Another reason for hedging is that many businesses are in the manufacturing, retail or service industries. These companies will have little expertise in predicting future exchange rate changes or changes in prices of commodities. These companies will hedge so risk is reduced. This will mean that they can get on and concentrate on the main activity of their business. However, the hedging process is complex. The use of such methods as options and future contracts requires specialised expertise. This will cost the company money. Also, these personnel will need to be monitored. This is because they could be taking hedging positions that could bankrupt the company. One example of this was that of Nick Leeson at Barings Bank. Over a couple of years he managed to lose close to $1 billion. He was able to hide these losses due to a lack of monitoring.
There are some authors who believe that hedging can increase the value of a company. One such author was Smith and Stulz (1985). They ‘showed that hedging could increase the value of the firm by reducing the probability, and thus expected costs, of financial distress,’ Hagelin (2003).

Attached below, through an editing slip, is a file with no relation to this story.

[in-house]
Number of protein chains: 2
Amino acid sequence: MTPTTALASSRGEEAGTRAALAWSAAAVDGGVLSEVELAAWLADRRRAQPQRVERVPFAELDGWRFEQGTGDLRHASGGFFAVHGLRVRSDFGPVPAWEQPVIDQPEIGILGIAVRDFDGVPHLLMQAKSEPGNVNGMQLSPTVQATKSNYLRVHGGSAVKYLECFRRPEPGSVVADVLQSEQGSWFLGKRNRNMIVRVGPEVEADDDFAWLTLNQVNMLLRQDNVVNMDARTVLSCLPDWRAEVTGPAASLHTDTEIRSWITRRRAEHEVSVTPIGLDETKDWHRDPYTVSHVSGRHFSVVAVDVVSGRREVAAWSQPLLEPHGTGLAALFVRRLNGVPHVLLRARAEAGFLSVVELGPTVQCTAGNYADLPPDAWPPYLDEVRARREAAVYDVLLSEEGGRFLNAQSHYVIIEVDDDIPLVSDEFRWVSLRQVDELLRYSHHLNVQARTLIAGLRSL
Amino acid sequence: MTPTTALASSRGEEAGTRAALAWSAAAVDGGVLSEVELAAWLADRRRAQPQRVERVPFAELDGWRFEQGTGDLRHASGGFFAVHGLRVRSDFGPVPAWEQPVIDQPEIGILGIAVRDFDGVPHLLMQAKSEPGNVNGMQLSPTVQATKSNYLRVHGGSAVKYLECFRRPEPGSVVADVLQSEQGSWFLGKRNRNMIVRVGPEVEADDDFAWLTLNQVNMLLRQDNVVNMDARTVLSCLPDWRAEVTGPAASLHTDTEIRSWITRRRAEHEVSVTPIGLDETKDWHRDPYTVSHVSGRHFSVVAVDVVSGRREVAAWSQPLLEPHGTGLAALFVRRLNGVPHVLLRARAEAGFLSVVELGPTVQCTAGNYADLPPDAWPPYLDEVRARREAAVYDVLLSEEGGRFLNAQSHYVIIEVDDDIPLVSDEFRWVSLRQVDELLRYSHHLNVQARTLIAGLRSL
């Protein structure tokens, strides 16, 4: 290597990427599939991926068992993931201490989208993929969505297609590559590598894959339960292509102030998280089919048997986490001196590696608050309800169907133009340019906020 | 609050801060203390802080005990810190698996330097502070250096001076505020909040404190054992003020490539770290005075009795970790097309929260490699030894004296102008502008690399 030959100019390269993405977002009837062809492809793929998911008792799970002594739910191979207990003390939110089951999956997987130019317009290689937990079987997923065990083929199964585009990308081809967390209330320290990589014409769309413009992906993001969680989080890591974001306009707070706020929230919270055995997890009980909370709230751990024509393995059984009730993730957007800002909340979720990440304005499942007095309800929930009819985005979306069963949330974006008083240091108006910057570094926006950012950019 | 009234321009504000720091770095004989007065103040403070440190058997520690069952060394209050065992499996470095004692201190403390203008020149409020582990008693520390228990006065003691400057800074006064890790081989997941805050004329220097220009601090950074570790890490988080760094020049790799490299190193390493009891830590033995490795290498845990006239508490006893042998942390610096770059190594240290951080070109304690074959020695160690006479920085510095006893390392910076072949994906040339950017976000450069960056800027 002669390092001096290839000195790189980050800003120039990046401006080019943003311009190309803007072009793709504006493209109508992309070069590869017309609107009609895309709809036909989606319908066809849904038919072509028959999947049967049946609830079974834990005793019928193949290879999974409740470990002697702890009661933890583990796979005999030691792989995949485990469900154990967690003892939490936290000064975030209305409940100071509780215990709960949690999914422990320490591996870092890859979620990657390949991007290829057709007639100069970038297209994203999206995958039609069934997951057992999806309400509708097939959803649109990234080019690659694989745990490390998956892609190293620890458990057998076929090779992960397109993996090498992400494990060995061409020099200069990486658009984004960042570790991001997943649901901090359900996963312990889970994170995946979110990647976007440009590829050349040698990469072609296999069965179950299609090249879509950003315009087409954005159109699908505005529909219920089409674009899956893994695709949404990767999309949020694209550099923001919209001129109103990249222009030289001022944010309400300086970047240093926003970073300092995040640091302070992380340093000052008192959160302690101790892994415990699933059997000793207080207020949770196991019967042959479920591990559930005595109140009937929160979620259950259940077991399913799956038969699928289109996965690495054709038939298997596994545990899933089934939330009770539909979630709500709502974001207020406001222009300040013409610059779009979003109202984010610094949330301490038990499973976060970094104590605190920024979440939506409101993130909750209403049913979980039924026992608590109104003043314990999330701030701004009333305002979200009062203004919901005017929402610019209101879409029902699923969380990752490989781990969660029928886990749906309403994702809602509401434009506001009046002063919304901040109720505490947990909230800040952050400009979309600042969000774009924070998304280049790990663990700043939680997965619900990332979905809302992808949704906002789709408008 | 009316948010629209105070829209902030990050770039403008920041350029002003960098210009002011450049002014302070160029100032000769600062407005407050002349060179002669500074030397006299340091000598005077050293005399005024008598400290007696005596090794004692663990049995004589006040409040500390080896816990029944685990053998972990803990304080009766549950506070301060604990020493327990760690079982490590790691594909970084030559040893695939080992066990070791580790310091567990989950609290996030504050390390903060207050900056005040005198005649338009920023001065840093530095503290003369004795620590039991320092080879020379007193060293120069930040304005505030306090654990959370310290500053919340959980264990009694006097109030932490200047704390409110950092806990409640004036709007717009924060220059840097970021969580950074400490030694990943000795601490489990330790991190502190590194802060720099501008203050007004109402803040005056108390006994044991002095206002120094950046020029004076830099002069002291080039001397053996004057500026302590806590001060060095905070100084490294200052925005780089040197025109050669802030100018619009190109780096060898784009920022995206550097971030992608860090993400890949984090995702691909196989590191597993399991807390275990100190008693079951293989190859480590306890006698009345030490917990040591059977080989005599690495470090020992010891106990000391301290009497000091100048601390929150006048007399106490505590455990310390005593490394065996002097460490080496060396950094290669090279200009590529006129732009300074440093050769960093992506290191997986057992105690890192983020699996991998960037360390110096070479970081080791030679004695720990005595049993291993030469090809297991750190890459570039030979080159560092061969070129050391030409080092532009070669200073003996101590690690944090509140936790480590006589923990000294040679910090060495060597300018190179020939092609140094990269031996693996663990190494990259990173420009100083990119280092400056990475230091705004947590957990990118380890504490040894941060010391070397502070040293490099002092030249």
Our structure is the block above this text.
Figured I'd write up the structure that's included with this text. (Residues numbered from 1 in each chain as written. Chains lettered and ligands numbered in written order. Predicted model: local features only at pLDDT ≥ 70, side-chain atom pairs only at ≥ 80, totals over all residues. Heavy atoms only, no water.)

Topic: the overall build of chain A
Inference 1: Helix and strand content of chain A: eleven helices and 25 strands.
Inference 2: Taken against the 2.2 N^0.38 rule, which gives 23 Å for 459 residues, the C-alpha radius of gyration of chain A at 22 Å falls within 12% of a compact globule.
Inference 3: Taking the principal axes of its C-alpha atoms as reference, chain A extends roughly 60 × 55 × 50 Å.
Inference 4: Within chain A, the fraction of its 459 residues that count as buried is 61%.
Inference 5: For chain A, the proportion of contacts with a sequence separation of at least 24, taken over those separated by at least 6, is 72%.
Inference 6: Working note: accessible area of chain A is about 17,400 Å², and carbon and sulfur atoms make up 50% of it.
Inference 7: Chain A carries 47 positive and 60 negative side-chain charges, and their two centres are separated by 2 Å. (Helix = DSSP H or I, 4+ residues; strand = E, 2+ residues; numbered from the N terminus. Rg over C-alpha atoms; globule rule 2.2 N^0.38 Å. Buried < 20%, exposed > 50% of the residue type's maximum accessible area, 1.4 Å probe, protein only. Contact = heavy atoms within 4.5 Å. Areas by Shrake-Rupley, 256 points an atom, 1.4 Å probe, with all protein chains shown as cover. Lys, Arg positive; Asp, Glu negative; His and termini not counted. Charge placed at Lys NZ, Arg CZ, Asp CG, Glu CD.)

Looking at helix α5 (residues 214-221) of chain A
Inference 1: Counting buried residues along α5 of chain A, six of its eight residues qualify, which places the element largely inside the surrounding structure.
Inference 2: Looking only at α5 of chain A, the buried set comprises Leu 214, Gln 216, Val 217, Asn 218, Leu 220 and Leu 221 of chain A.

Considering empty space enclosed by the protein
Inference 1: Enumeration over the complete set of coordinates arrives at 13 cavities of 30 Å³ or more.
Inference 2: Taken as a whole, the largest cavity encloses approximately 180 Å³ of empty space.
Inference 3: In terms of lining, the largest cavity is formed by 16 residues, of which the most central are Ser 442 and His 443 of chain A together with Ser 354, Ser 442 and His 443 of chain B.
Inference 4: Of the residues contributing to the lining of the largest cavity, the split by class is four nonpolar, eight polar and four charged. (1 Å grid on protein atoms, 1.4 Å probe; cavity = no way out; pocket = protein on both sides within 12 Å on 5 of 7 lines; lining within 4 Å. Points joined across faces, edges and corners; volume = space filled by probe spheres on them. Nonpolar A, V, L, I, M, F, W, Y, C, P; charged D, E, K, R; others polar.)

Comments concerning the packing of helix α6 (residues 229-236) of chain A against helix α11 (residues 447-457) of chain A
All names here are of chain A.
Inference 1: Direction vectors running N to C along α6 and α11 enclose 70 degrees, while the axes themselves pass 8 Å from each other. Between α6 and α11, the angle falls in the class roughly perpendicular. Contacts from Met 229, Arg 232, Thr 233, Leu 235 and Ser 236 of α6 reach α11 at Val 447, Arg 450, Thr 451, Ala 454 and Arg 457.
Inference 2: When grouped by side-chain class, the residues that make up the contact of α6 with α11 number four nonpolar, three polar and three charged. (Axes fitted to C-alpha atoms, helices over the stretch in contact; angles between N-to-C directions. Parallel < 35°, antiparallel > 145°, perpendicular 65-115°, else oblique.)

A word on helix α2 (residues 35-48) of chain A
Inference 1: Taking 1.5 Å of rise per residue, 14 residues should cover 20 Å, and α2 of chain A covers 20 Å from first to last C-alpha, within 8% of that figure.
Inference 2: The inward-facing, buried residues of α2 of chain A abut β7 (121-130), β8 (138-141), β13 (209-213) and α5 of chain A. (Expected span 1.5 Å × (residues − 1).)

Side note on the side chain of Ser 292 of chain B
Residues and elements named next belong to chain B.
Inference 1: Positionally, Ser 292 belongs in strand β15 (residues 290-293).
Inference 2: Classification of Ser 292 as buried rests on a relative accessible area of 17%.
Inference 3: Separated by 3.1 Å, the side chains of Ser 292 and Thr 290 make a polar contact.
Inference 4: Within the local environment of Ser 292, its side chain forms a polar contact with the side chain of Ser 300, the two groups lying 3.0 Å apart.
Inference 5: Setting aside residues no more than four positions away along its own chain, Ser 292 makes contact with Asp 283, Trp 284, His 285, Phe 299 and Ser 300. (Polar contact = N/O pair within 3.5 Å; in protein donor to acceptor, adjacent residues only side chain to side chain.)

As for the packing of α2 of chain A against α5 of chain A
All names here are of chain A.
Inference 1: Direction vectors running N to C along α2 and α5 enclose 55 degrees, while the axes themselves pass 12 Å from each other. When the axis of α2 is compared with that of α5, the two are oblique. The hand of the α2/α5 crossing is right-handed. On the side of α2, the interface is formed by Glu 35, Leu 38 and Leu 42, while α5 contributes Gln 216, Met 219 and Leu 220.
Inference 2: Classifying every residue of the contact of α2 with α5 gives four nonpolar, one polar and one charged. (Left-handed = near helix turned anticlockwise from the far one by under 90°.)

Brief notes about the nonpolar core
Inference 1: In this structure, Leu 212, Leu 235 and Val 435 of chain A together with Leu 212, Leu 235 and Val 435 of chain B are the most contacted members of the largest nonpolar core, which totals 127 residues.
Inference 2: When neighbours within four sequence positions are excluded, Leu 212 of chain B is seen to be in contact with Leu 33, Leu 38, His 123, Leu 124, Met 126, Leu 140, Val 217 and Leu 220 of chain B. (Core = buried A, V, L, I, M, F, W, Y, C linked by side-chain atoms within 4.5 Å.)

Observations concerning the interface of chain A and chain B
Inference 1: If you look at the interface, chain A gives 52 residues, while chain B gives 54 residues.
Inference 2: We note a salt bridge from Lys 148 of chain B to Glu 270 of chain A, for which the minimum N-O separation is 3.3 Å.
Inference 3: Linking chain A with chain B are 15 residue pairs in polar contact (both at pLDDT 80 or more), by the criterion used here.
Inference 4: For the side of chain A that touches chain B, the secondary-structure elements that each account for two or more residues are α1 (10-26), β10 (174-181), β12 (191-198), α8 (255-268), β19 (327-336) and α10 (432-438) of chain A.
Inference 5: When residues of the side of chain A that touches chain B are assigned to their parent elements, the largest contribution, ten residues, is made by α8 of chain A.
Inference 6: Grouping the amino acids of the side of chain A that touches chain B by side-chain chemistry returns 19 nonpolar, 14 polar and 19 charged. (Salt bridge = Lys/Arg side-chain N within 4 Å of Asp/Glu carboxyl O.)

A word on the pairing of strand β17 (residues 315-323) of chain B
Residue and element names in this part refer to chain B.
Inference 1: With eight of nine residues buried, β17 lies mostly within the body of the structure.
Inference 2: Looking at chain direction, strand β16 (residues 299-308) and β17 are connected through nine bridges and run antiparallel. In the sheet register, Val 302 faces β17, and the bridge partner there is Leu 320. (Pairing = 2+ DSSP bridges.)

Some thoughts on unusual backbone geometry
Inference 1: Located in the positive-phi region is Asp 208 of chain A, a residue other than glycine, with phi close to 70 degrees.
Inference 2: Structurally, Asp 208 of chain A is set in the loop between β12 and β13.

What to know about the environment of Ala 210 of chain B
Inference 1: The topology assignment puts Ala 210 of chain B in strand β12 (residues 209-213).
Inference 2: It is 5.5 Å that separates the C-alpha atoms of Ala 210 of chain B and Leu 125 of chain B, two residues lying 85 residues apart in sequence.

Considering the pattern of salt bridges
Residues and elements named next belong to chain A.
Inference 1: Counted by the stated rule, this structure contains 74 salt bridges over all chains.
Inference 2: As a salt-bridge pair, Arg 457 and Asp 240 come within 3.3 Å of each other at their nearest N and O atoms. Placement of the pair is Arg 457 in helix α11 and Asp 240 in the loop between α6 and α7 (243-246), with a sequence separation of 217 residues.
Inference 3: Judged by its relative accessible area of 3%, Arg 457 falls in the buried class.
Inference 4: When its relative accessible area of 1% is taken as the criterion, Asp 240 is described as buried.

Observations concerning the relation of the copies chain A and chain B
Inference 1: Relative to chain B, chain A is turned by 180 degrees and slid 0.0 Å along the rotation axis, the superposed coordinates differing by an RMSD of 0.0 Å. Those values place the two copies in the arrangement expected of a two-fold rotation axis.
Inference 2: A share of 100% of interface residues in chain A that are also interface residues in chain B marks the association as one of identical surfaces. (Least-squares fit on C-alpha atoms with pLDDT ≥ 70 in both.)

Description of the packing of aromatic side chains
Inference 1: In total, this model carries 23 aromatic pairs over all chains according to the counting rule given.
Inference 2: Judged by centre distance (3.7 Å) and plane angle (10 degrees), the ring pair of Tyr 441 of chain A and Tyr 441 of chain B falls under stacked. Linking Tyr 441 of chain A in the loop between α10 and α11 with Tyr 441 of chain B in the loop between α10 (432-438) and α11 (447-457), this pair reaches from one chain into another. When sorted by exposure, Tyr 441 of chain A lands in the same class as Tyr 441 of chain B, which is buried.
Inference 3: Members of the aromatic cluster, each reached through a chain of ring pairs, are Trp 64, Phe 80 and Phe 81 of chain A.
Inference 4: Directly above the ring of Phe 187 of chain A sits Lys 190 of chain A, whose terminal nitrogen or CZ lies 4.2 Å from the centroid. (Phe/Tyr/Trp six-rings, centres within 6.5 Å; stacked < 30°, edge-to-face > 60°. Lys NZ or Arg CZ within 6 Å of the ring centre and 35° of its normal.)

I will now outline some disadvantages of hedging. Hedging could cause losses. This is because market conditions could be favourable and the activity of the business is profitable. Therefore, the hedging put in place to reduce risk will now cause losses for the company. The treasurer will now have to explain why these losses have occurred. An article that supports the view of hedging causing loss is that by Cornwell (2005). In this article the author looks at the earnings of Countrywide. The author found that the company lost out due to hedging. The ‘value of the financial hedges fell’ in the business causing a pre tax loss of ‘$278 million’